Pathetic that this has to be done…but it is interesting especially considering what the House has for future legislative action. One significant item where a deadline is looming is the budget and the deportation issue.
Paul Ryan: Resolution on Obama deportation amnesty brief coming Thursday
House Speaker Paul D. Ryan says he’s bringing a resolution to the House floor on Thursday authorizing him to file a brief in the ongoing legal dispute over President Obama’s deportation amnesties.
“If we are going to maintain the founding principle of being a self-governing people, if we’re going to maintain the founding principle of government by consent of the governed, the legislative branch of government needs to be the one writing the laws — not the executive branch,” Mr. Ryan said Tuesday.
Politico: The House Freedom Caucus will oppose a $1.07 trillion budget backed by Republican leaders, likely assuring that the fiscal package will fail if put up for a vote on the House floor.
Leaders of the conservative group said Monday night that they plan to vote against the package because it does not go far enough to cut spending. It’s a crippling blow for GOP leaders, who repeatedly said passing a budget was a major goal for 2016.
“The Freedom Caucus is officially a no,” said Idaho Rep. Raul Labrador. “We’ve been talking to leadership for several weeks, giving them the opportunity to make some good pitches to us, and so far everything we have heard has been less than stellar.”
Budget Committee Chairman Tom Price of Georgia and Speaker Paul Ryan (R-Wis.) have labored to gain the support of the far-right caucus over the last six weeks but the top-line budget numbers are still too high to pass conservative muster.
Price plans to hold a markup on the budget Wednesday.
Members of the Freedom Caucus have pushed for $30 billion in immediate budget cuts in exchange for their support. Freedom Caucus Chairman Jim Jordan, an Ohio Republican, said Monday that the group has offered proposals to Ryan and Majority Leader Kevin McCarthy (R-Calif.) that could bring the hardliners on board but those offers were rejected.
On Monday, Speaker Ryan introduced a resolution that launches an unprecedented defense of Congress’s Article I powers under our Constitution. Read H. Res. 639.
Here’s how he described the resolution—his first as Speaker—at a press conference today:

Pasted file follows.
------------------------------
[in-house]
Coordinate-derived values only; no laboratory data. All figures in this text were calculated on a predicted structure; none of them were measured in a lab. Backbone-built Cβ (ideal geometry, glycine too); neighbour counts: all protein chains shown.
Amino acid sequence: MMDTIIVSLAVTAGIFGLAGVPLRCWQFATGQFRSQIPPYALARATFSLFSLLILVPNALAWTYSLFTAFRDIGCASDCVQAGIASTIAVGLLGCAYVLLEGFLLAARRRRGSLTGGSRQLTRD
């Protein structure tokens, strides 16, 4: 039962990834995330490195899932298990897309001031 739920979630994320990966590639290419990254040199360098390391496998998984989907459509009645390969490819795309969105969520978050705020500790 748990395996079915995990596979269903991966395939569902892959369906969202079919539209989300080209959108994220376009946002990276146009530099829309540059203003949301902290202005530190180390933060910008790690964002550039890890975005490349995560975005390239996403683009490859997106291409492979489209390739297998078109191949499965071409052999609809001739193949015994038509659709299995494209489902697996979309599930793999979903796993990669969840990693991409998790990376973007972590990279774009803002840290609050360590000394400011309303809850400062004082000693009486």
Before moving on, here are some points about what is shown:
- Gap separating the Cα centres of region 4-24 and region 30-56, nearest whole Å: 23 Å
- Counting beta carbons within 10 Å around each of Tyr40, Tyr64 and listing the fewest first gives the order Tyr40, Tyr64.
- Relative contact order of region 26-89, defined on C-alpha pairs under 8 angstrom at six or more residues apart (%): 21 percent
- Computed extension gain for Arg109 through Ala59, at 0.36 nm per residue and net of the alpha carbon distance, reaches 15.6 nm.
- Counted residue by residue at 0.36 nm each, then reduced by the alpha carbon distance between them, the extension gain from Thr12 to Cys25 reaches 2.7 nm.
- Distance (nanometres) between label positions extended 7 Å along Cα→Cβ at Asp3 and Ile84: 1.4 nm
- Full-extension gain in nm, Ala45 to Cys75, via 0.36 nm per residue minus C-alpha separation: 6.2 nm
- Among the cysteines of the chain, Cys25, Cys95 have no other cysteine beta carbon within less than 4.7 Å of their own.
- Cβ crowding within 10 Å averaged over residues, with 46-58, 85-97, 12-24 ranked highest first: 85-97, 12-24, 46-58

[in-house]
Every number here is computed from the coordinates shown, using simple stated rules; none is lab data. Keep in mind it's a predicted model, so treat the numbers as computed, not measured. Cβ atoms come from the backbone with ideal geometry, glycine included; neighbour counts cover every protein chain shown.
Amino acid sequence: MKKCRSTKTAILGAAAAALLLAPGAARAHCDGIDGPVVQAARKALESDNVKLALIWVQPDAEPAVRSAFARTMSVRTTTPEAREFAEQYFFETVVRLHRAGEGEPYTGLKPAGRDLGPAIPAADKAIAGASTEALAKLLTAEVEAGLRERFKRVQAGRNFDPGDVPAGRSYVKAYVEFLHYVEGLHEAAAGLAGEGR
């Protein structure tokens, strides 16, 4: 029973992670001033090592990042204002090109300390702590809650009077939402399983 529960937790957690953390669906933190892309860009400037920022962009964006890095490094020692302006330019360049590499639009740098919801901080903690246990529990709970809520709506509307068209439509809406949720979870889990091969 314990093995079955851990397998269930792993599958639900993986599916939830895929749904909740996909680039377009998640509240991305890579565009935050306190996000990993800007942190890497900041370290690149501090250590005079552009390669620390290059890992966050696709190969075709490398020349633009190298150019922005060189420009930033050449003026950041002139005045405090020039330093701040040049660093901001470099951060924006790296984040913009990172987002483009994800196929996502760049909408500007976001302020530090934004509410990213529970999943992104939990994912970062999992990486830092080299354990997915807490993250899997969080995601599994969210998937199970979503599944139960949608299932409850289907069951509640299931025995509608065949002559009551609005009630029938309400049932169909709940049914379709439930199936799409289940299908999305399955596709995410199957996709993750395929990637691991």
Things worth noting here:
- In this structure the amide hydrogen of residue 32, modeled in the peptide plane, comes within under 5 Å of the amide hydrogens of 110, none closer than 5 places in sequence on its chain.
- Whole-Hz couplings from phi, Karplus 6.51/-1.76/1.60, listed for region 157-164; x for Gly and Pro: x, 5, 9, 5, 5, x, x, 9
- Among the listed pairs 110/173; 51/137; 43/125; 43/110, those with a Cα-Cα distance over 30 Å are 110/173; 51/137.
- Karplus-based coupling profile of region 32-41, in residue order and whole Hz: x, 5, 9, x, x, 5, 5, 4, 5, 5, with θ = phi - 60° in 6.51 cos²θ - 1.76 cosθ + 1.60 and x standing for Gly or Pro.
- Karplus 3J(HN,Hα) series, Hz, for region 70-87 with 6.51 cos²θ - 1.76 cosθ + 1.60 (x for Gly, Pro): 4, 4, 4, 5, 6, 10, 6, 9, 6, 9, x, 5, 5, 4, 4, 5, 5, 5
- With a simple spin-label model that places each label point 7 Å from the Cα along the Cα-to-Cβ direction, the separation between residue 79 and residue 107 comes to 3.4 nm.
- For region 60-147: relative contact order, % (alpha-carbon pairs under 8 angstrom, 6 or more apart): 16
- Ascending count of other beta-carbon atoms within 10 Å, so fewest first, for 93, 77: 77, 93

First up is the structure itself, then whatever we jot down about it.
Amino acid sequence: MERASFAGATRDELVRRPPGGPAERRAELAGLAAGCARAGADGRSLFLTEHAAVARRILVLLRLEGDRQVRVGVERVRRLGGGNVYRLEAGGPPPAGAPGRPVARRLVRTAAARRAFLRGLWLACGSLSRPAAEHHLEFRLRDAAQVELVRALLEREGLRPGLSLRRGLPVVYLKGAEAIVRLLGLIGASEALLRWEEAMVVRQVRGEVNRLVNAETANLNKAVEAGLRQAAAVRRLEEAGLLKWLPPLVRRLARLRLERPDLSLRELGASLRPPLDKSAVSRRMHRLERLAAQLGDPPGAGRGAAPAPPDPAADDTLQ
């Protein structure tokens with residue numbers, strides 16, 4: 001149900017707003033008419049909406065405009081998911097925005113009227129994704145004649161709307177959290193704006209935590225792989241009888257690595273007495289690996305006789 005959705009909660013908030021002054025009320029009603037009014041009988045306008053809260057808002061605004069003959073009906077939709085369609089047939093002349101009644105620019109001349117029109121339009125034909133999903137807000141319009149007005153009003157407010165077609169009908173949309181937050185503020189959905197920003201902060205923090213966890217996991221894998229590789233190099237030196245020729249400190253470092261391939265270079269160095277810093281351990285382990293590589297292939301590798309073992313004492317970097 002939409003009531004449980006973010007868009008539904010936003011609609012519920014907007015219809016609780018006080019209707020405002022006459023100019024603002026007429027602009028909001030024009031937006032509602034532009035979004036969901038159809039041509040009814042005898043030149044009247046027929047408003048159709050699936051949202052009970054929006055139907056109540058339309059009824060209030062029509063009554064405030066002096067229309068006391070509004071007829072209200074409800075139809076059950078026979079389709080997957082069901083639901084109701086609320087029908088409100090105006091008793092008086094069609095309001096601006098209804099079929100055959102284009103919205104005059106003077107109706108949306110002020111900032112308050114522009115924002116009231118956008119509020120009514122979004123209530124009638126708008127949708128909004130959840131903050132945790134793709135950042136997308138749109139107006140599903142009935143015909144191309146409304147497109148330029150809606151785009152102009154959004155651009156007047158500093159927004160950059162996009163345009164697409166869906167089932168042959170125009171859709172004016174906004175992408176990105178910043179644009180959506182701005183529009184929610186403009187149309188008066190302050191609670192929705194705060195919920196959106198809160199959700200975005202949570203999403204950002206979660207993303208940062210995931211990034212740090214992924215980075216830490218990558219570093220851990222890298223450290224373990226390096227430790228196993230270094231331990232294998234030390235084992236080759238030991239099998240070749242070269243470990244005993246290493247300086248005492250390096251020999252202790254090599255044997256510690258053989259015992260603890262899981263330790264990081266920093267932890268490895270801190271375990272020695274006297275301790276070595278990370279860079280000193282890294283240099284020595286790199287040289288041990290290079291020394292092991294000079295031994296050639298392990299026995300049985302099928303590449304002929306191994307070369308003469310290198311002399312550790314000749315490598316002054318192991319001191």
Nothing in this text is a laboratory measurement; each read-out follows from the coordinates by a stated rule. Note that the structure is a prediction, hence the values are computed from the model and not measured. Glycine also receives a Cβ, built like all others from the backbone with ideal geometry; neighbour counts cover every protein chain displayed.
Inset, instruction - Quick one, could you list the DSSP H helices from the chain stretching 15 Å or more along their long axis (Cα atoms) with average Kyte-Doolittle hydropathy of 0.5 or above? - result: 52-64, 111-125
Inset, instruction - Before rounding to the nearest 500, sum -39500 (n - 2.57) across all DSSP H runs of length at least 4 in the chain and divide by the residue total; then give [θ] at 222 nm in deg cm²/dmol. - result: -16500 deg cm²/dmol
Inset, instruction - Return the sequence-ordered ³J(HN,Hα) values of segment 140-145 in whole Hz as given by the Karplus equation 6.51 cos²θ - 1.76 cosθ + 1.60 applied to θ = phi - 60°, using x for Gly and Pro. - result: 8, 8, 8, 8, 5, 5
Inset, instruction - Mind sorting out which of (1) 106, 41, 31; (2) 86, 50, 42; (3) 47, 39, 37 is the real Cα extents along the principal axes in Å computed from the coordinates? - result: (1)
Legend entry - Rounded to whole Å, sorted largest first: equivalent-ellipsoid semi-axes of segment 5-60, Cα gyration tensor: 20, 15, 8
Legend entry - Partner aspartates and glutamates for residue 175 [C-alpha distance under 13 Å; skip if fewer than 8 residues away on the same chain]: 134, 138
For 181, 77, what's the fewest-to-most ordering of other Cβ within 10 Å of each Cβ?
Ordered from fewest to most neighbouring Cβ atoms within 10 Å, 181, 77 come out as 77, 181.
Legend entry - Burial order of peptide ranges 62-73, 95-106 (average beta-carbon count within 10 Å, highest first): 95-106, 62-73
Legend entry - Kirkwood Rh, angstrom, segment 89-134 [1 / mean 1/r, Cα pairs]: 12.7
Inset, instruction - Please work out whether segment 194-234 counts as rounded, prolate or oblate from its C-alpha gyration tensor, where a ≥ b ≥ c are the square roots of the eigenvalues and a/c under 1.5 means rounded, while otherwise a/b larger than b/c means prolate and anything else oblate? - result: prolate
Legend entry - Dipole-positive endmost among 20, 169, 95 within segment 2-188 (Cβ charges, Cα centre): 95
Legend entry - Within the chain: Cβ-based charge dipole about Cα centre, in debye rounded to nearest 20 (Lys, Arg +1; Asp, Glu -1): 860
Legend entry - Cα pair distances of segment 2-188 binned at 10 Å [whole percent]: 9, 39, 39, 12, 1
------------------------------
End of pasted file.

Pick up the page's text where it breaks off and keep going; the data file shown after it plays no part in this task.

“We are the branch of government that is closest to the people. We are defending the people not only against executive overreach. We are defending the people of this country against a growing branch of unelected bureaucrats who are writing our laws.
“There is a problem in this country. . . . We have unelected bureaucrats who are writing our laws. That means we the people, through our elected representatives, are not the final arbiters or drafters of the legislation that we have to live under.
“This is very important. If we’re going to maintain the founding principle of being a self-governing people, if we’re going to maintain the founding principle of government by consent of the governed, the legislative branch of government needs to be the one writing the laws—not the executive branch. . . .
“This is why we’re filing an amicus brief—to defend our Article One powers. . . . We’re going to defend Article One, because we believe passionately in the principle of being a self-governing people, of government by consent of the governed, of putting back in the box this growing fourth branch of government that is becoming more and more and more unaccountable to the people of this country. By restoring the separation of powers, we can reclaim these ideals.”
Here’s what you need to know about H. Res. 639, which the House is scheduled to take up on Thursday:
- Article I vs. Article II. In United States v. Texas, the Supreme Court asked whether the president’s executive amnesty violates the president’s duties under Article II, Section 3 of the Constitution to “take care that the laws be faithfully executed”? This is a question the House is uniquely qualified to answer: under Article I, “all legislative powers” are vested in Congress. Neither the president nor unelected bureaucrats are permitted to write laws. Only Congress is.